Philadelphia’s Wachovia Spectrum, the arena that has hosted almost every major touring act since its completion in 1967, will close its doors at the end of this year, but not before a few more bands and artists trod its boards.
The venue just began its final concert series last night with a Green Day performance, and will end with Pearl Jam playing the arena Oct. 28 and 30.
Coming up a little sooner than Vedder & co. are two Bruce Springsteen & The E Street Band concerts scheduled for Oct. 13-14.
As any Springsteen fan can tell you, the Spectrum and New Jersey’s favorite son have had a special relationship going back to June 6, 1973, when The Boss opened for Chicago.
“This is the house of rock,” Springsteen said when his current tour played the Spectrum on April 28. “This is the first arena we ever played. They don’t make arenas like this anymore. There is a democratic-ness to these old buildings. It’s a treat to really be here again and playing this lovely lady of a building.”
It was also the Spectrum that hosted Springsteen and the band on the night after John Lennon was shot. At first Springsteen considered postponing the date. Instead, he attacked the issue head on, telling the audience at the beginning of the concert, “It’s a hard world that asks you to live with a lot of things that are unlivable. And it’s hard to come out here and play tonight, but there’s nothing else to do.”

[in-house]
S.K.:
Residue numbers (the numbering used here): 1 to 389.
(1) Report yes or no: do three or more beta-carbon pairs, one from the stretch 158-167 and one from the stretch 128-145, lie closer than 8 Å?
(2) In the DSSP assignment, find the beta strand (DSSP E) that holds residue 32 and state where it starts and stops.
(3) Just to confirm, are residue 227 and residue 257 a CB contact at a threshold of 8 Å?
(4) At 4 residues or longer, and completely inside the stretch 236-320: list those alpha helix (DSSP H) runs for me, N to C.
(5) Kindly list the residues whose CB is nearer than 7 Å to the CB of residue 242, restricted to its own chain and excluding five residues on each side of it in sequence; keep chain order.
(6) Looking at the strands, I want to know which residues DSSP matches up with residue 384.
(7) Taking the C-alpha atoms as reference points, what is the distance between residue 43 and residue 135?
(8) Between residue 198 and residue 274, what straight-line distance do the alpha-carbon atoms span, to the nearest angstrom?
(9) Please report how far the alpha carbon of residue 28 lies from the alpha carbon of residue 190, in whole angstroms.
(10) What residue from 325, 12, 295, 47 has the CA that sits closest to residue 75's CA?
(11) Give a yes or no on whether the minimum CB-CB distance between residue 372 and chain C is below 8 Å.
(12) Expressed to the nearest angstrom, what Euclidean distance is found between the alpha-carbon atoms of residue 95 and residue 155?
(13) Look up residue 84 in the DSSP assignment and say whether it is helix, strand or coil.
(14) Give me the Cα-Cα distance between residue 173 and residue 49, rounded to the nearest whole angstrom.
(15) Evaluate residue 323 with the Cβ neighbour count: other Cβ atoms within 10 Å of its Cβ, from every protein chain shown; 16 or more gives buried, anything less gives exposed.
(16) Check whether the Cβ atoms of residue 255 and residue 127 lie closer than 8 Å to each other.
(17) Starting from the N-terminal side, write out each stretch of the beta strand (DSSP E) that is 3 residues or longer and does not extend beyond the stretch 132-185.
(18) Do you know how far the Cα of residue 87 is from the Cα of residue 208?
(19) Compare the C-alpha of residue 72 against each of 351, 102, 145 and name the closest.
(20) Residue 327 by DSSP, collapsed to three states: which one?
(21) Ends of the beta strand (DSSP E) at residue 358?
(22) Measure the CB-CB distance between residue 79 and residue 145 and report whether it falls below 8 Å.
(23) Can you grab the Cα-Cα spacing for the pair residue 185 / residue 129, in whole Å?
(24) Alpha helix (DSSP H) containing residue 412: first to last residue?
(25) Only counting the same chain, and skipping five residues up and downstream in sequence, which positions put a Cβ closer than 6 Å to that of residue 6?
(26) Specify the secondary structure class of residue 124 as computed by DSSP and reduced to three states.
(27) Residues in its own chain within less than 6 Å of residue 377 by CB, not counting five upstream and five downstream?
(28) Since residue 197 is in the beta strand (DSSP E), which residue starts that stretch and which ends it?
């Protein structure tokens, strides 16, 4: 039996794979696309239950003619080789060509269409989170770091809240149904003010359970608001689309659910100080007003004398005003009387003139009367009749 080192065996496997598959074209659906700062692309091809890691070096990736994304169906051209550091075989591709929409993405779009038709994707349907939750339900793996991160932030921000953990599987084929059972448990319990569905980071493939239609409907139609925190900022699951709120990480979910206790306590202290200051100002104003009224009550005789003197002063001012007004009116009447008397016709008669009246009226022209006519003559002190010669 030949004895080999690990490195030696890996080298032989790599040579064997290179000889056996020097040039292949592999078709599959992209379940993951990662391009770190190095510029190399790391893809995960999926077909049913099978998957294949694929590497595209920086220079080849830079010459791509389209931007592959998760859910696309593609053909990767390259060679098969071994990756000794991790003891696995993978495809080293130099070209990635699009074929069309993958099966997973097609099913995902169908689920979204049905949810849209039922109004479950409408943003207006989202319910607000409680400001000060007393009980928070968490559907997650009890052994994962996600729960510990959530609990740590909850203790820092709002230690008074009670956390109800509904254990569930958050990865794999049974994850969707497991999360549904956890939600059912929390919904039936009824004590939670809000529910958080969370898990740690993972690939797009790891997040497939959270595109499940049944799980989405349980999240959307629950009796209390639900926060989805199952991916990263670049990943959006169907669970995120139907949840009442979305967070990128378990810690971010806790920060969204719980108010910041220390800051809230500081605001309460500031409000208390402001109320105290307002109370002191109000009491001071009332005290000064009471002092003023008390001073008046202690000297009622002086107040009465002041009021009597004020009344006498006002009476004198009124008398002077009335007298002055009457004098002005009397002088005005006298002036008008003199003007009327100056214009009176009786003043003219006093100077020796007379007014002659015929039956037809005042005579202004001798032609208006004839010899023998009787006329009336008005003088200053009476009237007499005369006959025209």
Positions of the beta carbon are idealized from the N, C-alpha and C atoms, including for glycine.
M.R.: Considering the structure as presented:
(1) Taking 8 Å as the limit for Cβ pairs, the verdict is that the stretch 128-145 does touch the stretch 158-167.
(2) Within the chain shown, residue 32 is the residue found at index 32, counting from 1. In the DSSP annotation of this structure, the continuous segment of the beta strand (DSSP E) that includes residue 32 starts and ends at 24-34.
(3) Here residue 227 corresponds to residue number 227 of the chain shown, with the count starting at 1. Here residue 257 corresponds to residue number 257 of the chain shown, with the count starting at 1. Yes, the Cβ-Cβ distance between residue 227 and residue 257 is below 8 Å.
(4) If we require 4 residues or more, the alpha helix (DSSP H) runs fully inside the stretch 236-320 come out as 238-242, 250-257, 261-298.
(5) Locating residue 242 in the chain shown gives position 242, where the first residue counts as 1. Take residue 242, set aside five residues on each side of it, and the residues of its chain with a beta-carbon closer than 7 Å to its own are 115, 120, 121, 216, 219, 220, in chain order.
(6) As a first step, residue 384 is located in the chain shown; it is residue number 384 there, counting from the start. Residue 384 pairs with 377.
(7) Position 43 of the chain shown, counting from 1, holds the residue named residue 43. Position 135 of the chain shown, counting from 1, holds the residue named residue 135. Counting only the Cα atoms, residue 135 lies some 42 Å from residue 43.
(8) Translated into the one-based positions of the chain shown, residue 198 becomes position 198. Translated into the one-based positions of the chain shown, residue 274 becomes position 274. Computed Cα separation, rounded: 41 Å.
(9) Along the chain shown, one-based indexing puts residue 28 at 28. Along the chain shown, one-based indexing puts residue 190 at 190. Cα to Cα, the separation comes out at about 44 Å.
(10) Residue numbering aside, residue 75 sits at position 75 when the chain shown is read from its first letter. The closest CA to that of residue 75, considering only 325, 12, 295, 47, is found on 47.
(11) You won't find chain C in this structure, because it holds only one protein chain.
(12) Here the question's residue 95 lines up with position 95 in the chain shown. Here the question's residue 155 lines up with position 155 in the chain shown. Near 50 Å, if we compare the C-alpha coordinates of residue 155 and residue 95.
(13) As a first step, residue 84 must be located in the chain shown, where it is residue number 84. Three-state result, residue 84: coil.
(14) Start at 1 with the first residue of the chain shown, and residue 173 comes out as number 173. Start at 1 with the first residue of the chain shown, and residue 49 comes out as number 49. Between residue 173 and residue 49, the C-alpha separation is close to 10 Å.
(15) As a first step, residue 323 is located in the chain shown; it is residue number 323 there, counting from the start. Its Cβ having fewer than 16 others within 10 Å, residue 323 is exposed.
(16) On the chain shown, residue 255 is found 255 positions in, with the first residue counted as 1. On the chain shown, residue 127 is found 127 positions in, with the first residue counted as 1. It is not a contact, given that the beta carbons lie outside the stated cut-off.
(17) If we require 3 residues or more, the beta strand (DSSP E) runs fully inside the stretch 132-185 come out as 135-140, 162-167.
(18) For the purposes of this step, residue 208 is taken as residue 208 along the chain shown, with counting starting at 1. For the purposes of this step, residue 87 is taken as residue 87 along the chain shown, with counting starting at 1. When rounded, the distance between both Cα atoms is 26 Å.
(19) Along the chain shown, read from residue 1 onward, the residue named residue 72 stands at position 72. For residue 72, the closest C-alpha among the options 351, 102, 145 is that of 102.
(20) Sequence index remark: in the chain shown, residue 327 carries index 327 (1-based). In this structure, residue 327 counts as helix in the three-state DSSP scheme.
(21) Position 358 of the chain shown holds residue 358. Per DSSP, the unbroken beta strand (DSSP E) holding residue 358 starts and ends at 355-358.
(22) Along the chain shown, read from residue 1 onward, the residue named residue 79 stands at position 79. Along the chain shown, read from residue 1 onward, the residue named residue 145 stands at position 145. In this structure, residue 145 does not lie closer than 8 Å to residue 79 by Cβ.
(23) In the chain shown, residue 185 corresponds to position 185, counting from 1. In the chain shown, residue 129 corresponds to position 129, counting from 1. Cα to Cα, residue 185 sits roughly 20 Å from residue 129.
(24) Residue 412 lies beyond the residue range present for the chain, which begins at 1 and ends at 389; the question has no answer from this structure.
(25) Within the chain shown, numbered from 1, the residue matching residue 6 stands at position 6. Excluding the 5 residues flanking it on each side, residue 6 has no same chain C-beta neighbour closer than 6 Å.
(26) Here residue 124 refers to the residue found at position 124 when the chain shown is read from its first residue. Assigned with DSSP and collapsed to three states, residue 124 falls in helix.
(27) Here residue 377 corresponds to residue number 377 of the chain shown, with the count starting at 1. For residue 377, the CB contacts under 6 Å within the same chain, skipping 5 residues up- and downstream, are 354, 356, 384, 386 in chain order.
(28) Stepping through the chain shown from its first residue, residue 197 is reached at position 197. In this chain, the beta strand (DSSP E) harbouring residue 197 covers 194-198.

Springsteen and the Spectrum almost made it into the Guinness Book of World Records when the E Street reunion tour played five nights at the Wachovia Center, and moved the production 758 feet, nine and a half inches across the parking lot to the Spectrum for one night. Guinness eventually rejected the proposed world record – “The Shortest Distance Ever Traveled By A Rock Show.”
The two Springsteen gigs go on sale July 27 at 10 a.m. Comcast-Spectacor and Live Nation will continue to add shows to the Spectrum’s final concert schedule. For more information, please click here for the Comcast-Spectacor Web site.